The nearest major galaxy to the Milky Way, Andromeda galaxy, which is about 2.537 million light-years away from earth, is officially a monster galaxy as it has gobbled up smaller galaxies over the past 10 billion years. But the way it is swallowing other galaxies, puzzled astronomers.
Andromeda, which is also known as Messier 31, M31, or NGC 224 may have a far more cannibalistic past than we know, revealed new research which was published on Oct. 2.
Dougal Mackey, a researcher at Australian National University and the first author of the study mentioned that "We've known for about 10 to 15 years that Andromeda has had a much more violent past, in terms of swallowing smaller galaxies, than the Milky Way has."
The study authors used five different telescopes to observe the diffuse the halo of stars at the edge of Andromeda's orbit. They found at least two clusters of stars with distinct trajectories and velocities that didn't seem to match each other, and look like alien entity in the galaxy.
The team of astronomers determined that these two clusters of stars were the remains of two ancient dwarf galaxies that Andromeda had engulfed long ago. They found that while one of them were gobbled up just a few billion years ago, the other one was swallowed by the spiral galaxy almost 10 billion-years-ago.
Mackey stated that this galaxy which is originally the Andromeda Nebula, "has a much bigger and more complex stellar halo than the Milky Way, which indicates that it has cannibalized many more galaxies, possibly larger ones.
"Knowing what kind of a monster our galaxy is up against is useful in finding out the Milky Way's ultimate fate."
The team of scientists focused their observations on 92 clusters of stars that had been identified in previous Andromeda surveys to reveal the history of this galaxy.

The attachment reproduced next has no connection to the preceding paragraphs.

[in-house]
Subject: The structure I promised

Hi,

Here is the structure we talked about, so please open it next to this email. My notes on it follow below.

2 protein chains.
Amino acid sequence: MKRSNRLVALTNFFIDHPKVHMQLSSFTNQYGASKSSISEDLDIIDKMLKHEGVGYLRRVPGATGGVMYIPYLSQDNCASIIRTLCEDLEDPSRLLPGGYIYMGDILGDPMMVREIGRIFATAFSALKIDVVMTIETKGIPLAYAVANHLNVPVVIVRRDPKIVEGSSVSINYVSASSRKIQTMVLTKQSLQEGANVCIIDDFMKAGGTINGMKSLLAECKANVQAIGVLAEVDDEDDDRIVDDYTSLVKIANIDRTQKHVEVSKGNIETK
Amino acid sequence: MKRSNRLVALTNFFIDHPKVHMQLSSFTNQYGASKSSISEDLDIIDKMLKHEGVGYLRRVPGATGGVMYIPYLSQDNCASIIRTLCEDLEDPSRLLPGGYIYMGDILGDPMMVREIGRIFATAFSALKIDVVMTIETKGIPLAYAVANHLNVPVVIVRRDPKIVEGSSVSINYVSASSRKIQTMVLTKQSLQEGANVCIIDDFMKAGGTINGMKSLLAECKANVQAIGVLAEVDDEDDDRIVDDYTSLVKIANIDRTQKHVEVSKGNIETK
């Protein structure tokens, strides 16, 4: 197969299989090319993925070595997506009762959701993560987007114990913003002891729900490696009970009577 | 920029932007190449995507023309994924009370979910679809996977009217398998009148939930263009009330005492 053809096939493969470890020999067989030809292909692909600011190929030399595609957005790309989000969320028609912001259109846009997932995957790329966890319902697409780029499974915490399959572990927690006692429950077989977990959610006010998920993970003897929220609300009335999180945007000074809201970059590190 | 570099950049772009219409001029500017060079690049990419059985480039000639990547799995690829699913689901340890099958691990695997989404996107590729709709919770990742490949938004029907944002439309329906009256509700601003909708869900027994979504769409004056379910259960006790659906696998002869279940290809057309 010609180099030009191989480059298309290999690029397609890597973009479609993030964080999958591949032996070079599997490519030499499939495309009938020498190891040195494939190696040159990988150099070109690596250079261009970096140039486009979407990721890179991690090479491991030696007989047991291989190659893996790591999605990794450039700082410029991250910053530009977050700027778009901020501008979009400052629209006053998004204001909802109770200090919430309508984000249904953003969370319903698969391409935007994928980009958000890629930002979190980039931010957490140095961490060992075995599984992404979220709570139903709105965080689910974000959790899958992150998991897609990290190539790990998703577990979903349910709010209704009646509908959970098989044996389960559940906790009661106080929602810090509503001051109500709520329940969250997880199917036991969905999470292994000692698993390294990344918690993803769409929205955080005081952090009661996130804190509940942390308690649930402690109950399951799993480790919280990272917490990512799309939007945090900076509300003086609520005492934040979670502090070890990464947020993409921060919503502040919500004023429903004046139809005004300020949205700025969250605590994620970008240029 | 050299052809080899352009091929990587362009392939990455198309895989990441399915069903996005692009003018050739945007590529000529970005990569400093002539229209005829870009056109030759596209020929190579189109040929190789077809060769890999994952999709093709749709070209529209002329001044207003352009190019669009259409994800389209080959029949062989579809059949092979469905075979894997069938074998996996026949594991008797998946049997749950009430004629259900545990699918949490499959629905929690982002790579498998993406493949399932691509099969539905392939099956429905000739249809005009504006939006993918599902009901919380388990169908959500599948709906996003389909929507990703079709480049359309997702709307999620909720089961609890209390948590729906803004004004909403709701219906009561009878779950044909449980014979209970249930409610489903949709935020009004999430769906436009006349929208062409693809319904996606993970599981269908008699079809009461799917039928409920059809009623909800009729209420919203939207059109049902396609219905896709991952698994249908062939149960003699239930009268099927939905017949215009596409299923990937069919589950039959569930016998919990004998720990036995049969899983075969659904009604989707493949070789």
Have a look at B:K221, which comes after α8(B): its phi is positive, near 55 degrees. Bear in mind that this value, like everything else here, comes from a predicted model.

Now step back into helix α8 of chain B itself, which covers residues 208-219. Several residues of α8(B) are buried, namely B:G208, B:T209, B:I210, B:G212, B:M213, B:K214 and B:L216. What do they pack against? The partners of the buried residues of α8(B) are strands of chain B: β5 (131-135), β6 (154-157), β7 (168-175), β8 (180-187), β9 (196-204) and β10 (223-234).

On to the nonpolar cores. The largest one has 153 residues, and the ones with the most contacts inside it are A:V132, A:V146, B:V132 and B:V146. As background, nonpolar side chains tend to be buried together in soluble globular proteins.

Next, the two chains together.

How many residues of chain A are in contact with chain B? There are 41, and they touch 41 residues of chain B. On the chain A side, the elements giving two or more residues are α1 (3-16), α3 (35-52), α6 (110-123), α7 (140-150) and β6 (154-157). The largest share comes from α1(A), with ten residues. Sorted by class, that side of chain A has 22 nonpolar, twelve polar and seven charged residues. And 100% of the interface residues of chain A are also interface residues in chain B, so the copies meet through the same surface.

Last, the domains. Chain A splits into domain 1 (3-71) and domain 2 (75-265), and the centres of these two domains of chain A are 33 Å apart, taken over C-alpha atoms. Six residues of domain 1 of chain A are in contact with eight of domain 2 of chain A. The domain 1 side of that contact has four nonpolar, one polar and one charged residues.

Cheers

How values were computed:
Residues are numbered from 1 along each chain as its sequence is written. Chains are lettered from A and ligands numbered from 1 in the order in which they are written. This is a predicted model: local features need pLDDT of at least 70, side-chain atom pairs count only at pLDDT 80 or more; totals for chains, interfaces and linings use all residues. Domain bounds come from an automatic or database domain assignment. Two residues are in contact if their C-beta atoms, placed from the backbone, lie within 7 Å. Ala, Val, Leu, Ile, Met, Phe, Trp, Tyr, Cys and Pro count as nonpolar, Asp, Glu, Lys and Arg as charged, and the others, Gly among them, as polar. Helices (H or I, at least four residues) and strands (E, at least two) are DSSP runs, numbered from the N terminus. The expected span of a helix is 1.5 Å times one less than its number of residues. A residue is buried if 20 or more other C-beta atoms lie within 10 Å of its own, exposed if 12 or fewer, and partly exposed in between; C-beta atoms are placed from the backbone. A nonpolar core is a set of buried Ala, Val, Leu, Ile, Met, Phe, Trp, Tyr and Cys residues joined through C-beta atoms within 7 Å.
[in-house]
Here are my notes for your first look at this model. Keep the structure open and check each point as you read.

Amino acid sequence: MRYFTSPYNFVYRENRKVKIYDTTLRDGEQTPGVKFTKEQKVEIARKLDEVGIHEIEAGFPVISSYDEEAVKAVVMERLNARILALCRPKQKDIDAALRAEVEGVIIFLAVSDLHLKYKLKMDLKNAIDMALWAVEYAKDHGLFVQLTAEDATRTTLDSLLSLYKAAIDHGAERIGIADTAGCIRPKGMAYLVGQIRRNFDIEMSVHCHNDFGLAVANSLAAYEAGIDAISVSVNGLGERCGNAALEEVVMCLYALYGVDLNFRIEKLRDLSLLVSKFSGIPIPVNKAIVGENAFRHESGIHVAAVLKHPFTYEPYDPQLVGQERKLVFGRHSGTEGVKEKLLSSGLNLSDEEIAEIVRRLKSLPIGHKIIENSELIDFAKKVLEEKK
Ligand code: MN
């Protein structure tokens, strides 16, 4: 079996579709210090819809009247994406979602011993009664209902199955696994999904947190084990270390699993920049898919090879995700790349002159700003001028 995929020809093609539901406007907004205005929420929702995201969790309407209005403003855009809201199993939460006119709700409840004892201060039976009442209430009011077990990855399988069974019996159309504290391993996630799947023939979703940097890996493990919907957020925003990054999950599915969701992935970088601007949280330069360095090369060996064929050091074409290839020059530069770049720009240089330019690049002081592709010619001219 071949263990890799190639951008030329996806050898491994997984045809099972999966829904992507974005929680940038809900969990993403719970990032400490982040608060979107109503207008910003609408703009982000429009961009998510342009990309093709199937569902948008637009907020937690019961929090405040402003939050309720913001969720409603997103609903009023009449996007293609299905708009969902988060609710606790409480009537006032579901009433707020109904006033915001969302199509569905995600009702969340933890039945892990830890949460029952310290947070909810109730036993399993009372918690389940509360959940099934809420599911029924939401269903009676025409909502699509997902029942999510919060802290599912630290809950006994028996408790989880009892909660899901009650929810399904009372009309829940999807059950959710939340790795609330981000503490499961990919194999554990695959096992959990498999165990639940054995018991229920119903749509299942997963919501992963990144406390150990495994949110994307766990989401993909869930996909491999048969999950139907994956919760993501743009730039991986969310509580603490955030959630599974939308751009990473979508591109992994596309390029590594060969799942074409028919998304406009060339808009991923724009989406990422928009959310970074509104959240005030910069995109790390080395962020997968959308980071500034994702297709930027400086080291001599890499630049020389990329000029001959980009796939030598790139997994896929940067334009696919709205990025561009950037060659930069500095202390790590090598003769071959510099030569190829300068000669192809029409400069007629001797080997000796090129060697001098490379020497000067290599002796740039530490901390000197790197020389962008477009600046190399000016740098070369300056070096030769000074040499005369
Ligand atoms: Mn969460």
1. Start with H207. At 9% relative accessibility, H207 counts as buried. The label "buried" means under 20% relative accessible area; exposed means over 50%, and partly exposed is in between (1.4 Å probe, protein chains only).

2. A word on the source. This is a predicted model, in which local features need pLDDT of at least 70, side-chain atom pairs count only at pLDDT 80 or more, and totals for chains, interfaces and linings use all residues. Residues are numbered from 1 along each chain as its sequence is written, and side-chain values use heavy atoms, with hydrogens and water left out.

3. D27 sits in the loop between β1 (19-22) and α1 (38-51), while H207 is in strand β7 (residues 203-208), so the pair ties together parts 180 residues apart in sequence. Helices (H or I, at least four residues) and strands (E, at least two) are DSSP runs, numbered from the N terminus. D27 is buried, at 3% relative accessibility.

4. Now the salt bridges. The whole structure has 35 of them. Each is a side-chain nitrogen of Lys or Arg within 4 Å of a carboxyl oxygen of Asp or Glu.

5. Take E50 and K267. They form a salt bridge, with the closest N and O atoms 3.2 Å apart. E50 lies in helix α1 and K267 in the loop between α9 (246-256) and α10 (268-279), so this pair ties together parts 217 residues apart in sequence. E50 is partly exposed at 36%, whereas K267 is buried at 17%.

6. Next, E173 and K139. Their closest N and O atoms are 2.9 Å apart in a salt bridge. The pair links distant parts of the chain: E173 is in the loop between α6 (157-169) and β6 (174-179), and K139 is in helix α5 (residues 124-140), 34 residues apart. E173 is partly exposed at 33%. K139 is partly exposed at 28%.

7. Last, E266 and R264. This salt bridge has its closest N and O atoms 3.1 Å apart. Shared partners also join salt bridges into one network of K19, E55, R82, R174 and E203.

As per the study they estimated the velocity and apparent orbits of 77 clusters, finding two distinct groups, including one older cluster, which is swirling perpendicular to the galaxy's disk and one younger cluster that is orbiting at about a 90-degree angle to the oldsters. Mackey and his colleagues interpreted these groups as the remains of two ancient merger events, happened billions of years ago.
So who would win a galaxy fight between Andromeda and Milky Way? Or who is most powerful?
In the study, which was published in the journal Nature, Mackey said, "At the moment we are not even certain whether the Milky Way or Andromeda is the more massive system," adding that "It's very difficult to accurately weigh galaxies ... but the clusters might give us a way forward here."
However, recently another group of astronomers found three black holes in the midst of a cosmic collision. In the study, they noted that these black holes are carrying their own galaxies into the cauldron. But this particular space event could give a hint to what will happen to our galaxy, as our Milky Way is believed to be on a similar collision course with our neighbor galaxy Andromeda.
In fact, a study of the Space Telescope Science Institute in Baltimore has found that the galactic collision of Milky Way with Andromeda Galaxy will happen much earlier than previously thought.
Earlier, it was estimated that the collision will happen about 4.5 billion years from now, but the new study carried out using the data provided by the European Space Agency's Gaia spacecraft has found that the collision may take place in the next 3.9 billion years.
Expert of the institute Roeland van der Marel said, "We needed to explore the galaxies' motions in 3D to uncover how they have grown and evolved and what creates and influences their features and behaviour."
Another study has predicted that Milky Way will collide with Large Magellanic Cloud (LMC) within the next 2.5 billion years, 1.4 billion years before the estimated collision with Andromeda. Milky Way is more than 1,00,000 light year wide, while the LMC is just 14,000 light years wide. If the collision happens, Milky Way will devour the LMC.
While doomsday mongers believe that these upcoming cosmic events will turn the entire solar system to hell, experts argue that the chances of an apocalyptic event are pretty rare. Some experts and astrophysicists believe that the distances between the stars in the Milky Way are too vast for these collisions to affect the stability of the solar system.